Rock and heavy metal groups in Saudi Arabia, meanwhile, are forced to hold their concerts underground, despite the fact that Saudi Prince Al-Waleed bin Talal owns the Arab world's largest record label, Rotana.

In secular countries with majority Muslim populations, the situation is even more complex. Uzbekistan recently produced a damning documentary of Western-style music -- not because such music was un-Islamic but as an attempt by the country's authoritarian regime to discourage youth from exploring Western ideas and values.

Musicians in many Central Asian countries struggle with the combined pressure of conservative Muslim societies and politically repressive governments.

"There are a lot of artists who have recently faced big problems in Turkmenistan, in Uzbekistan, even in Kazakhstan, but often political problems," Reitov says. "Obviously, there is an increasing interest in radical Islam in that part of the world. Again, is that due to political repression or is that due to the missionaries from Saudi Arabia and even from Egypt? Difficult to say. I think it's a lot about identity."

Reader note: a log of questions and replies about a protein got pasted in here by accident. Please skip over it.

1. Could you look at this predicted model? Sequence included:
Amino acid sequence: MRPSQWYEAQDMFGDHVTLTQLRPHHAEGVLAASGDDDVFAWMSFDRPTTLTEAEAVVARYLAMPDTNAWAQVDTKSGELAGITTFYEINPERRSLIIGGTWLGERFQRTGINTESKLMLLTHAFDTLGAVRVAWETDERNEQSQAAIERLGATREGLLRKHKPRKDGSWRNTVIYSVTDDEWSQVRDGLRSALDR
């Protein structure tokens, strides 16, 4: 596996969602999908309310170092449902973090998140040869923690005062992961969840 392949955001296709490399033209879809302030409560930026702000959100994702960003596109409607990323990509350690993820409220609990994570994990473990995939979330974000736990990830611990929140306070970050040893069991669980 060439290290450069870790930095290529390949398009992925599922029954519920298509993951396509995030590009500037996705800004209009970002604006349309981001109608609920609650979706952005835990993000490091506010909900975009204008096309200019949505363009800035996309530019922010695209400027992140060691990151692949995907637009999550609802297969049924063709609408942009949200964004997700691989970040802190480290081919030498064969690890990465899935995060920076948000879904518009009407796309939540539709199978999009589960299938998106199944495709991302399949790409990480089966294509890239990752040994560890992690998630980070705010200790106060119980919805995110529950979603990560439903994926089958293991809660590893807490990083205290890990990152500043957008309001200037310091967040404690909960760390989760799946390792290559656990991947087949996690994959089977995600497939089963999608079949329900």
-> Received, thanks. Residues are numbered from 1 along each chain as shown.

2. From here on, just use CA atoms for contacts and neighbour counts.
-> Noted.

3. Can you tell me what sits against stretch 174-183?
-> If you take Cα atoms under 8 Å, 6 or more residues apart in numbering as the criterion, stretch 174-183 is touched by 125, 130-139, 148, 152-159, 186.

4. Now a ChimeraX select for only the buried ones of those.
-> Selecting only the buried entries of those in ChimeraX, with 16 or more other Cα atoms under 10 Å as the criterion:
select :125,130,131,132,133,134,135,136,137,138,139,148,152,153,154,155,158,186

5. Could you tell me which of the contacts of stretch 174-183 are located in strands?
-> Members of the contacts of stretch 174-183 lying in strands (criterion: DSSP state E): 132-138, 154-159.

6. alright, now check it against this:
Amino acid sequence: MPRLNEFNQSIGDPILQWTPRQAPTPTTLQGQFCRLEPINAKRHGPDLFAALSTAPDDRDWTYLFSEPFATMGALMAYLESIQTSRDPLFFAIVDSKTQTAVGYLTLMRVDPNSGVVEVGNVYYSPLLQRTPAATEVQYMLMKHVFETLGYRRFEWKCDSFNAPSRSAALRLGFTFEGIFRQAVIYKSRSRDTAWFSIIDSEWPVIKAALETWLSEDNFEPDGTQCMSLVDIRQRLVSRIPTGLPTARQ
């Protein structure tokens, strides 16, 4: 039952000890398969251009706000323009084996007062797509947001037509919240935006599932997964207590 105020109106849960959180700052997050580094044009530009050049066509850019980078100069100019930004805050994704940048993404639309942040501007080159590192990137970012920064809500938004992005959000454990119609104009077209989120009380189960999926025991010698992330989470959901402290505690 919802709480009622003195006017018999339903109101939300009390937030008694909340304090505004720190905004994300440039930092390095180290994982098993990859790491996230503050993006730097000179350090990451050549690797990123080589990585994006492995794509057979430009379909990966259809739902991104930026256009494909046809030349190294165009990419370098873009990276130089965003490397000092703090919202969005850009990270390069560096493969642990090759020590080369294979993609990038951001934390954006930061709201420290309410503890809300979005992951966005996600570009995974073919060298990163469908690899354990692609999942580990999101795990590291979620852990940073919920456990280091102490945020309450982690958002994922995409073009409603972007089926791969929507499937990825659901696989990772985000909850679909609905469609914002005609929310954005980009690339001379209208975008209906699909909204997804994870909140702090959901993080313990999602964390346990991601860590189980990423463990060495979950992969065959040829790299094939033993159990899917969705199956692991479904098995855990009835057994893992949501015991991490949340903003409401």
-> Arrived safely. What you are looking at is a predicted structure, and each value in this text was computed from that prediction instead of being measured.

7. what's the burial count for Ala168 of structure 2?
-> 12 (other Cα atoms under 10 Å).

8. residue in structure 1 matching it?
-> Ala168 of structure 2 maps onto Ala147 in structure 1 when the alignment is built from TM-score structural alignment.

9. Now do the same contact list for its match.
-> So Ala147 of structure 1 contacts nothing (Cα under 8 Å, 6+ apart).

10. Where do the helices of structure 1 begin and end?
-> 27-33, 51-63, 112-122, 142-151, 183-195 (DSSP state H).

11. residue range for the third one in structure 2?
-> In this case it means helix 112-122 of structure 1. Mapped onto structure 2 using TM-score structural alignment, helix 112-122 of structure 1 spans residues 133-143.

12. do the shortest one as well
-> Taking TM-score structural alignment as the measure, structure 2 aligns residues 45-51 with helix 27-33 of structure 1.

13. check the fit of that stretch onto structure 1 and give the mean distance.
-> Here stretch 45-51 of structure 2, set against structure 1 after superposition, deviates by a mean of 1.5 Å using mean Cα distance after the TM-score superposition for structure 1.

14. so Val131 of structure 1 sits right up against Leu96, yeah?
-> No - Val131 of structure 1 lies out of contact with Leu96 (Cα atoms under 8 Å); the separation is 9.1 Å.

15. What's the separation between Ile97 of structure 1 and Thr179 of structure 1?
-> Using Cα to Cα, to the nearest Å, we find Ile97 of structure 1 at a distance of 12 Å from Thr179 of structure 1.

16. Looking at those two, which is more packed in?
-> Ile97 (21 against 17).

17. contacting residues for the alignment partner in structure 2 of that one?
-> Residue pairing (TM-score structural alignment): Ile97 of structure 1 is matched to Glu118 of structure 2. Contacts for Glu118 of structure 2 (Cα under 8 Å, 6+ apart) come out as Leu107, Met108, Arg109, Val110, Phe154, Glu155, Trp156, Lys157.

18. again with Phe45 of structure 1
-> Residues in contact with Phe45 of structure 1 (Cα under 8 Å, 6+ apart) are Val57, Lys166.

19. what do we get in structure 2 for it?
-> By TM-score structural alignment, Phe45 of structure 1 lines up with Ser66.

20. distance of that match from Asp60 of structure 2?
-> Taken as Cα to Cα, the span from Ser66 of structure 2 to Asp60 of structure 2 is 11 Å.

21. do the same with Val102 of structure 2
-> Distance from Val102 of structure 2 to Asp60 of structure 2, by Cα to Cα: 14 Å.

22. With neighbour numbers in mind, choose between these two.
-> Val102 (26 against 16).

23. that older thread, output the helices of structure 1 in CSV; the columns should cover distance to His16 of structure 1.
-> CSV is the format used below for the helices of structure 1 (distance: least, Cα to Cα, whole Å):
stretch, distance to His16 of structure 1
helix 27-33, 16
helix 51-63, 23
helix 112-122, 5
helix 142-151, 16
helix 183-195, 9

What Is A Good Muslim?

The issue of identity goes to the heart of a larger debate gripping the Islamic world: What does it mean to be a good Muslim?

Mutah Wassin Shabazz Beale, formerly known as Napoleon, used to be part of the American rap group Outlawz, founded by the prominent rapper Tupac Shakur. He converted to Islam in May and now tours the world speaking to young Islamic audiences.

"As a musician," Beale says, "you don't just release an album and sit in your room. You have to go on tours, you have to perform, you have to be around certain areas, you have to be around a certain crowd, you have to put yourself in a situation that the religion of Islam calls you to stay away from that type of lifestyle.

"You know, the religion of Islam calls to everything that is upright and good."

Mirzo Salimov and Iskander Aliev of RFE/RL's Tajik Service, Ahmad Bashir Gwakh of Radio Mashaal, and Sharifa Esmatullah of Radio Free Afghanistan all contributed to this report